Recently, an article by E. Michael Jones in the February 2004 edition of his magazine, Culture Wars, came to our attention. What begins as a review of Roy Schoeman’s book, Salvation Is From the Jews, ends up as an anti-Semitic rant playing fast and loose with Catholic theology. It should be unequivocally condemned.

The first important point to note is that there is nothing in Roy Shoeman’s book that would lead one to Jones’s conclusions; Schoeman is a Jewish convert to Catholicism, and his book, published by the mainstream Ignatius Press, has won praise from reliably level-headed Catholics. The problem lies with Jones, who uses his review of the book to engage in a freewheeling polemic against Jews.

At the outset, Jones’s history is skewed: “The overwhelming majority of Jews didn’t just ignore Christ, they actively sought his death.” While it is undeniable that some Jews did seek Christ’s death, declaring that an “overwhelming majority” did is just unwarranted. This, however, is not the worst of what Jones has to say.

According to Revelation 3:9, Jones says, Jews who do not accept Christ are the “synagogue of Satan.” “In other words, the group which was called by God to prepare the way for the Messiah, rejected the Messiah and in doing that, became over the course of the ensuing centuries, a group that defined itself as anti-Christian.” Not believing Christ was the Messiah does not entail defining oneself as anti-Christian; that assumes that Jews see so little of value in their own religion that they must define themselves against Christians. Furthermore, it paints Jews with a broad brush, ignoring regional differences as well as individual traits. That is the very definition of prejudice.

Jones goes on: “The Jews who reject Christ now prepare the way for the coming of the anti-Christ every bit as much as the faithful Jews prepared the way for the coming of the real Christ. The Jews, because of their favored position and because of their rejection of Christ, now have a special role to play in the mystery of iniquity and its history on earth.” This sounds like dispensationalist theology, an umbrella term for various Protestant systems of biblical interpretation that, among other things, severely separates God’s plan for the Jews from His plan for the community of believers. It posits that Jesus failed in His mission to the Jews, and the Church was formed more or less as a “Plan B.” It is the basis for the Left Behind series of novels, and is anything but Catholic. Unaccountably, Jones faults the Catholic Schoeman for not mentioning any of this.

See Jones’s next statement: “If salvation comes from the Jews who prepared the way for Christ and accepted him when he came, what comes from the Jews who rejected Christ? The answer is clear: what comes from this group is the opposite of salvation, namely, the work of Satan culminating in the arrival of the Antichrist.” Jones’s conclusion just does not follow from his premises. Again, Jones is attempting to pass off dispensationalism as Catholic doctrine. Jones has the gall to add, “The answer is not only clear; there is no other possible answer to this question.”

Jones claims that through much of Christian history, “What happened was precisely the Jewish participation in iniquity which their pertinacious and ongoing rejection of Christ made a necessity.” He adds that “the logic is inescapable.” Clearly, logic is not Jones’s strong suit. Is Jones asserting that there can be no righteous non-Christians? No, he is saying something even more ridiculous: that there is something inherent in the Jewish people that makes them unique instruments of evil. If that is not anti-Semitism, then nothing is. He even outrageously blames the Jews themselves for the Holocaust and pogroms: “Messianic politics has been a recipe for disaster… and the Nazi attempt to exterminate the Jews was a reaction to Jewish Messianism (in the form of Bolshevism) every bit as much as the Chmielnicki pogroms flowed from the excesses of the Jewish tax farmers in the Ukraine.”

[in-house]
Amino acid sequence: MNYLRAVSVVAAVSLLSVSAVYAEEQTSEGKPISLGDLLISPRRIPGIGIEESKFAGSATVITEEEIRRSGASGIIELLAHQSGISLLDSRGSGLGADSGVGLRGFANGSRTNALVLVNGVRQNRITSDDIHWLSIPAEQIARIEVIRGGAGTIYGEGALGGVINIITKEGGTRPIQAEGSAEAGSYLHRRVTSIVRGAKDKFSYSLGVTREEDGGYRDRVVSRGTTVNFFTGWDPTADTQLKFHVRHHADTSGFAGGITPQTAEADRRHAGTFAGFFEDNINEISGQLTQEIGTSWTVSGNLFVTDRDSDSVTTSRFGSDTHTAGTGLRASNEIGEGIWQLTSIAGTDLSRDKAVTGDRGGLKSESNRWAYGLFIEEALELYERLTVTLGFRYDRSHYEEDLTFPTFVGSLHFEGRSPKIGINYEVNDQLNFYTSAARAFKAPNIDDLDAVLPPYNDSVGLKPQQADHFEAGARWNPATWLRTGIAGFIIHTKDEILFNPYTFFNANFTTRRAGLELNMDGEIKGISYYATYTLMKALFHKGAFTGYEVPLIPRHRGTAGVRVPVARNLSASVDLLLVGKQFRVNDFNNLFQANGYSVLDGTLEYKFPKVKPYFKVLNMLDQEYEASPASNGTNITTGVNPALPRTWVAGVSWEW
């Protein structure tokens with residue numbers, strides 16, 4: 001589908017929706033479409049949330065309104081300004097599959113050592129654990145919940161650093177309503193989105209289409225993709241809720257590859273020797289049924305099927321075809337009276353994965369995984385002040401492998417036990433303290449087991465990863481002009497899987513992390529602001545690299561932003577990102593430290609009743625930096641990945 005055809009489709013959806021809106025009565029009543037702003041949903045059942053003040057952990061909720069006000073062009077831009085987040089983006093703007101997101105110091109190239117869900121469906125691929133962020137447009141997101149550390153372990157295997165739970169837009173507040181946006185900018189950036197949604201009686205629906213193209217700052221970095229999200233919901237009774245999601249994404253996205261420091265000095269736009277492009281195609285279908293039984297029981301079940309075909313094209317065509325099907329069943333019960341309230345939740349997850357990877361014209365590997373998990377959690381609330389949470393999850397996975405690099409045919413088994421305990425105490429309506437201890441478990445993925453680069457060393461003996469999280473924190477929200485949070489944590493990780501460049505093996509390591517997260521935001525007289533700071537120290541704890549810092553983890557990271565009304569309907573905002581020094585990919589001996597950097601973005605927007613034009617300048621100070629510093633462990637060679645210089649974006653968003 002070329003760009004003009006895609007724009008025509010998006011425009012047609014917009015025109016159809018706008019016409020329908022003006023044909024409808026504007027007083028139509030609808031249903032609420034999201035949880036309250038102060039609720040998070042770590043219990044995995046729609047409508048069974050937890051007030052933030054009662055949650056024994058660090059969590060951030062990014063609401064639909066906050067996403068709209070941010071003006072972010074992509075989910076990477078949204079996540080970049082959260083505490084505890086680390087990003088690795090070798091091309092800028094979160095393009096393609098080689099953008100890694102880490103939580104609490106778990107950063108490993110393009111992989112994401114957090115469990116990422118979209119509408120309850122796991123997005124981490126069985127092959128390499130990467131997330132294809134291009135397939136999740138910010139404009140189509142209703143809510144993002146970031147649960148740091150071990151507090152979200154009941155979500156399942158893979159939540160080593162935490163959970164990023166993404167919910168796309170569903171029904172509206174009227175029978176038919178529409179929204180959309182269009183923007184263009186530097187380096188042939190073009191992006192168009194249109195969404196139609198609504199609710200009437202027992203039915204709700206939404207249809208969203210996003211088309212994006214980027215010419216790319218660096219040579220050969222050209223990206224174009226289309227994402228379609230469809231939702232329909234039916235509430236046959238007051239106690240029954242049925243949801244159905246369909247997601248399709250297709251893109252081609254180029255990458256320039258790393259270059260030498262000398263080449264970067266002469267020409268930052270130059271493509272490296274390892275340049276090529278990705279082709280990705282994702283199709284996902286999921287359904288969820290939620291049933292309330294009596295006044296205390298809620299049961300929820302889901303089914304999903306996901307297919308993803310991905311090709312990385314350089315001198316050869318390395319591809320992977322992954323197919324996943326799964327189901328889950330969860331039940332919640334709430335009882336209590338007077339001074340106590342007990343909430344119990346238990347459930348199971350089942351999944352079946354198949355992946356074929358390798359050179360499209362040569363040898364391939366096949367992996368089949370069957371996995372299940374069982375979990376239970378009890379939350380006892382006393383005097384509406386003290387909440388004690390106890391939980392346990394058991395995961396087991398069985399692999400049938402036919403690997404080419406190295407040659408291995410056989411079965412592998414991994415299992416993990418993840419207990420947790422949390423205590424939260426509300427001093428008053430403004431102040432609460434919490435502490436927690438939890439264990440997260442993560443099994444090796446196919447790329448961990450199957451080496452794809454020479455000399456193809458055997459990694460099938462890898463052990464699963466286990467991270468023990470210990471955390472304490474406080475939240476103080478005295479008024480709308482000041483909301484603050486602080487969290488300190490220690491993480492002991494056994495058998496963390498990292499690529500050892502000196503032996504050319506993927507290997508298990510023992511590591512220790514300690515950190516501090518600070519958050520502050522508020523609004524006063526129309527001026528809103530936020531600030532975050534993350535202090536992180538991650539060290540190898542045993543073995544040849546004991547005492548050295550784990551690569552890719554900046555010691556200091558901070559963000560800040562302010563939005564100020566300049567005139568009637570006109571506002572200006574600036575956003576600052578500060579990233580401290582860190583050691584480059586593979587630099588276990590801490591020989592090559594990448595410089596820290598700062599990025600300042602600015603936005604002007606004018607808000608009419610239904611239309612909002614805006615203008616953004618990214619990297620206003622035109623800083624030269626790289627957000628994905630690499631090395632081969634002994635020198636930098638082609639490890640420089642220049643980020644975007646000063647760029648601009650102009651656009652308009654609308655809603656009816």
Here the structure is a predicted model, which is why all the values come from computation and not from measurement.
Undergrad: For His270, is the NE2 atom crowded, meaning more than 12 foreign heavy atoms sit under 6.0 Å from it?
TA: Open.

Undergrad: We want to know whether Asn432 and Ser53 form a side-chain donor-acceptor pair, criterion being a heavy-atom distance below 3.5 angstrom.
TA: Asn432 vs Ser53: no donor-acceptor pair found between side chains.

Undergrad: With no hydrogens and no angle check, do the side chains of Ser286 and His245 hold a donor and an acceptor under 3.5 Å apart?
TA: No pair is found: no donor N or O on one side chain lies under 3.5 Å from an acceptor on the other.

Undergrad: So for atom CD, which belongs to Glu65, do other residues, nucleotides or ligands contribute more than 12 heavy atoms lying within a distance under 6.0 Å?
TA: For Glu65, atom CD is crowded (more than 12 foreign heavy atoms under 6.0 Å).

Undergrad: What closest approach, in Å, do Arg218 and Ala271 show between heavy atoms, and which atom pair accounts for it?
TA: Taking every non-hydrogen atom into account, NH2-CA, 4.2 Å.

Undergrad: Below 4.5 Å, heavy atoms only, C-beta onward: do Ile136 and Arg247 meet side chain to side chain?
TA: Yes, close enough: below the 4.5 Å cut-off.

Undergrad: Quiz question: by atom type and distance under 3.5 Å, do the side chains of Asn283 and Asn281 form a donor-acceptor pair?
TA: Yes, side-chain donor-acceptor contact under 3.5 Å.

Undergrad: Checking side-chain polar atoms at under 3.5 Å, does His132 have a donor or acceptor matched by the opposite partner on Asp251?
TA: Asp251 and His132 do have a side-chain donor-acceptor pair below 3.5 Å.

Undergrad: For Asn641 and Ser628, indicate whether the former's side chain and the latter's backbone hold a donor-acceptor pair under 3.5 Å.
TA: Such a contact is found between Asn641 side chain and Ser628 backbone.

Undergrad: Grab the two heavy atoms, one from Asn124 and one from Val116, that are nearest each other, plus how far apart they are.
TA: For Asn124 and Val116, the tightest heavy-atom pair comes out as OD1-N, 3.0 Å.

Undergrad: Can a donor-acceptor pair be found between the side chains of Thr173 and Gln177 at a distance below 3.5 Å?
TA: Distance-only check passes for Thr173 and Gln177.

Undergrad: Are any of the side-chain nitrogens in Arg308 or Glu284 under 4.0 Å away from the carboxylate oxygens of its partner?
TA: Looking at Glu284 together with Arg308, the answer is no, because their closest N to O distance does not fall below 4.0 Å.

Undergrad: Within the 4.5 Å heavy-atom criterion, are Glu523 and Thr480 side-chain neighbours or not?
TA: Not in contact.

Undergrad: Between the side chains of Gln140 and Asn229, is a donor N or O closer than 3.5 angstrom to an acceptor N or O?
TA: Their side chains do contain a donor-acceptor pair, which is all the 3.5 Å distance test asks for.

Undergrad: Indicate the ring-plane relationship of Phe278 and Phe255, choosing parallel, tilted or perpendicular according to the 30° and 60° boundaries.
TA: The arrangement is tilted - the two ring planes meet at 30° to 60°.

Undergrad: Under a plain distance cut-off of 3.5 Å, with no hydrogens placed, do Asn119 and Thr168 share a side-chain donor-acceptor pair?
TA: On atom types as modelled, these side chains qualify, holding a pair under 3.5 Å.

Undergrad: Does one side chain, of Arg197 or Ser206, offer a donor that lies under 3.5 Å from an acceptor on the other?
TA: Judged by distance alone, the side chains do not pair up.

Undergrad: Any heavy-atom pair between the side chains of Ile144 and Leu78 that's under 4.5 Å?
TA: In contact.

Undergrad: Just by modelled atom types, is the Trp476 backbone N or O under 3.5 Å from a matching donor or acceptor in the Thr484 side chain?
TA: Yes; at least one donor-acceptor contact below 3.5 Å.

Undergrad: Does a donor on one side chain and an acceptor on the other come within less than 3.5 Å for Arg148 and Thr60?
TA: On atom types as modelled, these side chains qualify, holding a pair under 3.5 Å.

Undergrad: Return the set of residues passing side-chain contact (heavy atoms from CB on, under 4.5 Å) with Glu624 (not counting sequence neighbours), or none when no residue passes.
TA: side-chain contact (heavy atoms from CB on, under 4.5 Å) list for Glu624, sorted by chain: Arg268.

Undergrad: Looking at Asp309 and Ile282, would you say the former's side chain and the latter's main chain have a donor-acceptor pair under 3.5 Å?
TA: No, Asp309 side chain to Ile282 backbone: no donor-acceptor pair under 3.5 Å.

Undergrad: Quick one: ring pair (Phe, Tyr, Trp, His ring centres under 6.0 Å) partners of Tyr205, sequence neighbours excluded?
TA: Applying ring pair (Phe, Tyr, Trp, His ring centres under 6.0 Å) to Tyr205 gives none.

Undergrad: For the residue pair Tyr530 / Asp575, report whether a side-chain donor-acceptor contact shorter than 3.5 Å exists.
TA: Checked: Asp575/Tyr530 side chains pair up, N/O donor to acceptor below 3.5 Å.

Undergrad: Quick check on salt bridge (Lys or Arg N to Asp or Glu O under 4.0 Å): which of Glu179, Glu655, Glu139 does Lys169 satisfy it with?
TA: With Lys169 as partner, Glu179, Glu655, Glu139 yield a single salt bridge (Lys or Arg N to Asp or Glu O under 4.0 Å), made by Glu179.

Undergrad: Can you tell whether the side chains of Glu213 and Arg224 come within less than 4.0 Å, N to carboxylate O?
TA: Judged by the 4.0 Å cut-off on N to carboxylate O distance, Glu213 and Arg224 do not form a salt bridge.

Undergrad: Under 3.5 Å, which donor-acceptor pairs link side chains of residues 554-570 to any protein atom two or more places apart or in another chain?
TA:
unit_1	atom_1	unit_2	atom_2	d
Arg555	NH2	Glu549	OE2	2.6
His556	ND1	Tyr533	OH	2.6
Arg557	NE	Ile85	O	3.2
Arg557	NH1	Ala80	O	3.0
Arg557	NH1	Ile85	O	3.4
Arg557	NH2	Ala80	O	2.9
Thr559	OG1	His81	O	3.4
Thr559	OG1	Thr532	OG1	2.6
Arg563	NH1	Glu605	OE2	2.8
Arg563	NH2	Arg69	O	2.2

Jones takes on the tone of a conspiracy theorist, noting “the Jewish/Bolshevist takeover of Russia and large segments of Eastern Europe, which in turn set up the mechanism of reaction against that reign of terror, namely, National Socialism under Hitler. That in turn led to the creation of the state of Israel, and the rise to power of the Jewish media elites in the United States, which in turn led, after over 50 years of antagonizing Islam to 9/11 and the current spate of never-ending wars in the Middle East.” In keeping with the dispensationalist tendency to interpret prophecy in terms of current events, Jones comments, “So it looks more and more like Armageddon every day now. The outline of human history seems to be taking on a more and more biblical configuration with each passing day….” In the context of “Paul Wolfowitz’s plan to march through the middle east; George Bush’s recent over the top messianic speeches in England, or Ariel Sharon showing up at the Temple Mount and inaugurating the intifada,” Jones concludes, “The contemporary Synagogue of Satan, whether in America or Israel, now poses the greatest threat to world peace.”

The Catholic League condemns Jones’s anti-Semitism and repudiates his efforts to justify it in the name of Catholic theology. One thing is clear: there are many choice terms one can use to describe Jones’s view of salvation history; “Catholic” is not one of them.

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